Delhi's air pollution has slowly become a major concern for most outdoor sports now with the latest one being golf after it had come to the news during last year's India-Sri Lanka series. Golfer Shiv Kapur has expressed his concerns about how the foreign players will deal with the increasing smog.
Delhi has become a torturous hell every winter in the recent past with the pollution leading the cooler air to trap harmful particles from exhaust fumes, construction dust, and industrial emissions. In May this year, WHO listed Delhi as the city to have the dirtiest air across India. While the warnings were always there, it crossed all level last season when Sri Lankan players had to warm mask while playing in Feroz Shah Kotla after players were seen throwing up on the field.
However, cricket isn’t the only sport to get victimized as leading player of Panasonic Open India, an Asian Tour event, Shiv Kapur pointed out. The 36-year-old defending champion has been of the opinion that whiles the India golfers could manage to struggle through the smog in the tournament, he was concerned about the foreign players who could face a hard time in it.
“You are spending five hours outdoors in bad air and smog. You are out there for a long period of time. I think for some of us, we are kind of immune to it now, but it’s not a good thing; the visitors and foreigners struggle a bit more,” said Kapur, reported AFP.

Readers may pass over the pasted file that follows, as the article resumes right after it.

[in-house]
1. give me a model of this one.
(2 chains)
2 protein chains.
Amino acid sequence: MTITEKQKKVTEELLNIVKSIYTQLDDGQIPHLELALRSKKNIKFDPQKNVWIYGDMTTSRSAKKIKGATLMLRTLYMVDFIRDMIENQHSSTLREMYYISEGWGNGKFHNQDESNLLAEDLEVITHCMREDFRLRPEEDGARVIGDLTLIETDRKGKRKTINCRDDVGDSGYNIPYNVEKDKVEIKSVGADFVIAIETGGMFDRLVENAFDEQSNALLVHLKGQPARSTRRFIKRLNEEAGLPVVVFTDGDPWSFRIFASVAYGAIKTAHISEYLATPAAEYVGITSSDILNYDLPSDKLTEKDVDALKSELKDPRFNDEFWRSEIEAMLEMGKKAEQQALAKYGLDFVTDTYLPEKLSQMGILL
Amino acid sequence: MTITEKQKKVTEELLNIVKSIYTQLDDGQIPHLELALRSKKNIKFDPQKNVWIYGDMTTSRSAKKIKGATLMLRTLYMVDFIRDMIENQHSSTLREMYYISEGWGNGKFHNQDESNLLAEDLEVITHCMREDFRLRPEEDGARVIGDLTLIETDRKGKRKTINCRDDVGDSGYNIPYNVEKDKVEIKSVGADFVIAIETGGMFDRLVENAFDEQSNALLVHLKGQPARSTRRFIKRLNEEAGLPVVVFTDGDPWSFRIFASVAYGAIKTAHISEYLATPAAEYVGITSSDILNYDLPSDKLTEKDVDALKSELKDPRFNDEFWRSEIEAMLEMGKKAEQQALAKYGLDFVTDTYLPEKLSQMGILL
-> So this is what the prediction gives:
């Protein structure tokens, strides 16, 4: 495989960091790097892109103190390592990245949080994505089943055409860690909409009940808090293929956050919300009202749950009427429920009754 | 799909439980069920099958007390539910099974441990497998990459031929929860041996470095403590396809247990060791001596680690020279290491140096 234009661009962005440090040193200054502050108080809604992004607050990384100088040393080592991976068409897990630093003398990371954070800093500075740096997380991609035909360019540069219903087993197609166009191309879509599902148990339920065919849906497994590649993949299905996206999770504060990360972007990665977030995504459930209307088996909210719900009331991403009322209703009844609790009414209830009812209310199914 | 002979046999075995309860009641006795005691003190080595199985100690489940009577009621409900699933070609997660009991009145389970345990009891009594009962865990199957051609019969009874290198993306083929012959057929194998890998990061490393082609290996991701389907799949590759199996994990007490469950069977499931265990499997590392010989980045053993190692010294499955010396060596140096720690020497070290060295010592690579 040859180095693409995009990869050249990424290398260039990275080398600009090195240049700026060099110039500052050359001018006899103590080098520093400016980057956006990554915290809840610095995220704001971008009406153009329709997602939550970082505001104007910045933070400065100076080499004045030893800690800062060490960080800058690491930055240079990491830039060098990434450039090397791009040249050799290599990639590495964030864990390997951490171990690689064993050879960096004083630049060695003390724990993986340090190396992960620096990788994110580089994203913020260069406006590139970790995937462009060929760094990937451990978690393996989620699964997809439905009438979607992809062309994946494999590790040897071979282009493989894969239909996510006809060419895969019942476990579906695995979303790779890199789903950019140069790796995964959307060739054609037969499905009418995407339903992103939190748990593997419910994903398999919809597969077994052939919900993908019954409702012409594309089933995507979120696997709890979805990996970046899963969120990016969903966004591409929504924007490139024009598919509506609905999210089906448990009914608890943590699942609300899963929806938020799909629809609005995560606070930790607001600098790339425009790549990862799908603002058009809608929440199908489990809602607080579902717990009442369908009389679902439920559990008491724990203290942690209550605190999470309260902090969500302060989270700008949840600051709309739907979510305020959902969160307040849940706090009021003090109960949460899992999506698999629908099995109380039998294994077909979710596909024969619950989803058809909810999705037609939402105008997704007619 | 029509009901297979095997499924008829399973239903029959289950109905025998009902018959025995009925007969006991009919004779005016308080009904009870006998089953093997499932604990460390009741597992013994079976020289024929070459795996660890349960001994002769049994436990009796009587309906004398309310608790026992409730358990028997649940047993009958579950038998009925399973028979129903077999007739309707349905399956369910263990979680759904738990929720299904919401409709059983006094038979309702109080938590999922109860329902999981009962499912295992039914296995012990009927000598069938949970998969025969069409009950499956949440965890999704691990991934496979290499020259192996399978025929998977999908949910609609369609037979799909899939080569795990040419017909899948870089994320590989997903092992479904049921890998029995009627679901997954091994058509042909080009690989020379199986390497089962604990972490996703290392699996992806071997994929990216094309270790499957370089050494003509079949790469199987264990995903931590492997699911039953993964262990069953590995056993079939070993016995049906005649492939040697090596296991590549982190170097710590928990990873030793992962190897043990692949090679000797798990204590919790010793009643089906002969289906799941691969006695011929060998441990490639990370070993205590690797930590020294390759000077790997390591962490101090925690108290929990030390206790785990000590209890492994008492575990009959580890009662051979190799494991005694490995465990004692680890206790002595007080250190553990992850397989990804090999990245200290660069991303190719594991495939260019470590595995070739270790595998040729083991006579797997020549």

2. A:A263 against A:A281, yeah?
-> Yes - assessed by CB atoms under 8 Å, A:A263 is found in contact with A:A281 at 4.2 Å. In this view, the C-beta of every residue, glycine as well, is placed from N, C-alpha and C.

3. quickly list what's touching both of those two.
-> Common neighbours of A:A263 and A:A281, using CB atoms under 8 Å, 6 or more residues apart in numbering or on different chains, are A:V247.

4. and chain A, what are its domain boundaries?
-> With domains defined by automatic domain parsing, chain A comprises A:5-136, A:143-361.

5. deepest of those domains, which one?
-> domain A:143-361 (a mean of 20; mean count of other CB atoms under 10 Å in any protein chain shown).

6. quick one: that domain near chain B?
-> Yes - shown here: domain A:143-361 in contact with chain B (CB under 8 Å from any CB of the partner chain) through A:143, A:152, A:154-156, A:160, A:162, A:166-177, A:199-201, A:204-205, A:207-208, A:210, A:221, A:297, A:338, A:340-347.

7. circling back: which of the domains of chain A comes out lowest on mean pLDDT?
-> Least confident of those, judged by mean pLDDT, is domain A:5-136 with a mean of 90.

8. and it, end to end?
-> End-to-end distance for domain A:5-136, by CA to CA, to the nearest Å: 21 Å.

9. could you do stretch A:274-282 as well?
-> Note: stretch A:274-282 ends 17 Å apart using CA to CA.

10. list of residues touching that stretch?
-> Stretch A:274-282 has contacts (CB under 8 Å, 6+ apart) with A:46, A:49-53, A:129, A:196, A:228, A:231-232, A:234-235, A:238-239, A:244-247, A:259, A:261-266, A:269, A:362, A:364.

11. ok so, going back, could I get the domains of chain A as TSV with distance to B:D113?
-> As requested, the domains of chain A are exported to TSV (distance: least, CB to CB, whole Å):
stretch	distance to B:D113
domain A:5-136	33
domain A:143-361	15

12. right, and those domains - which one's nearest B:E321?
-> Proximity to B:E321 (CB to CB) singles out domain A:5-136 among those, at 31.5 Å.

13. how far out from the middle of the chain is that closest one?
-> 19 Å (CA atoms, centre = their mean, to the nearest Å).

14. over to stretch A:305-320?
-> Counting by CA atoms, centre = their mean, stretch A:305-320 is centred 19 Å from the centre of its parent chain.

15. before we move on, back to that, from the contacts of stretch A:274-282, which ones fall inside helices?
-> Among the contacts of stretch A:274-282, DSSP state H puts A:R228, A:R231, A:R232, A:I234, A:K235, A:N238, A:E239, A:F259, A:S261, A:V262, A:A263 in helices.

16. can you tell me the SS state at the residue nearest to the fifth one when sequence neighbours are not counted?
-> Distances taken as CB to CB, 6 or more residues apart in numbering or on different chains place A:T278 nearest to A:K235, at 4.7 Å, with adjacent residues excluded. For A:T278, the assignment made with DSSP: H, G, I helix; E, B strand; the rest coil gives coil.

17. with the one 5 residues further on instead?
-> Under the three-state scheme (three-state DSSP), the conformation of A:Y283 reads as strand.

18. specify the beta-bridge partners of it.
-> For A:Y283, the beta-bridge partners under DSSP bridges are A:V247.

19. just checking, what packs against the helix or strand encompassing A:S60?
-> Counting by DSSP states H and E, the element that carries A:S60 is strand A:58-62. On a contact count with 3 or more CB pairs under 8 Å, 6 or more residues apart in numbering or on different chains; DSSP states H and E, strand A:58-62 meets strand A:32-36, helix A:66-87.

“I haven’t found it as bad this year as it was last year. Visibility was a bit of an issue. You feel a bit of fatigue and stuff. I am like a street dog. I am used to every kind of ailment and air quality that is out there. As sportsmen, we are made to be hardy, play in whatever course conditions, whatever weather conditions. Hopefully, we will get through without any issues.”
Kapur wasn’t the only one concerned with it though as Viraj Madappa, another rising Indian golfer, admitted that Delhi doesn’t have the most ideal conditions to live in.
“It will affect us over a long period. But I feel it’s going to be the same for everyone. Some of the Delhi guys are used to it. It’s easier to catch an infection that’s in the air. Some of my friends have got a bad throat or fever,” the 21-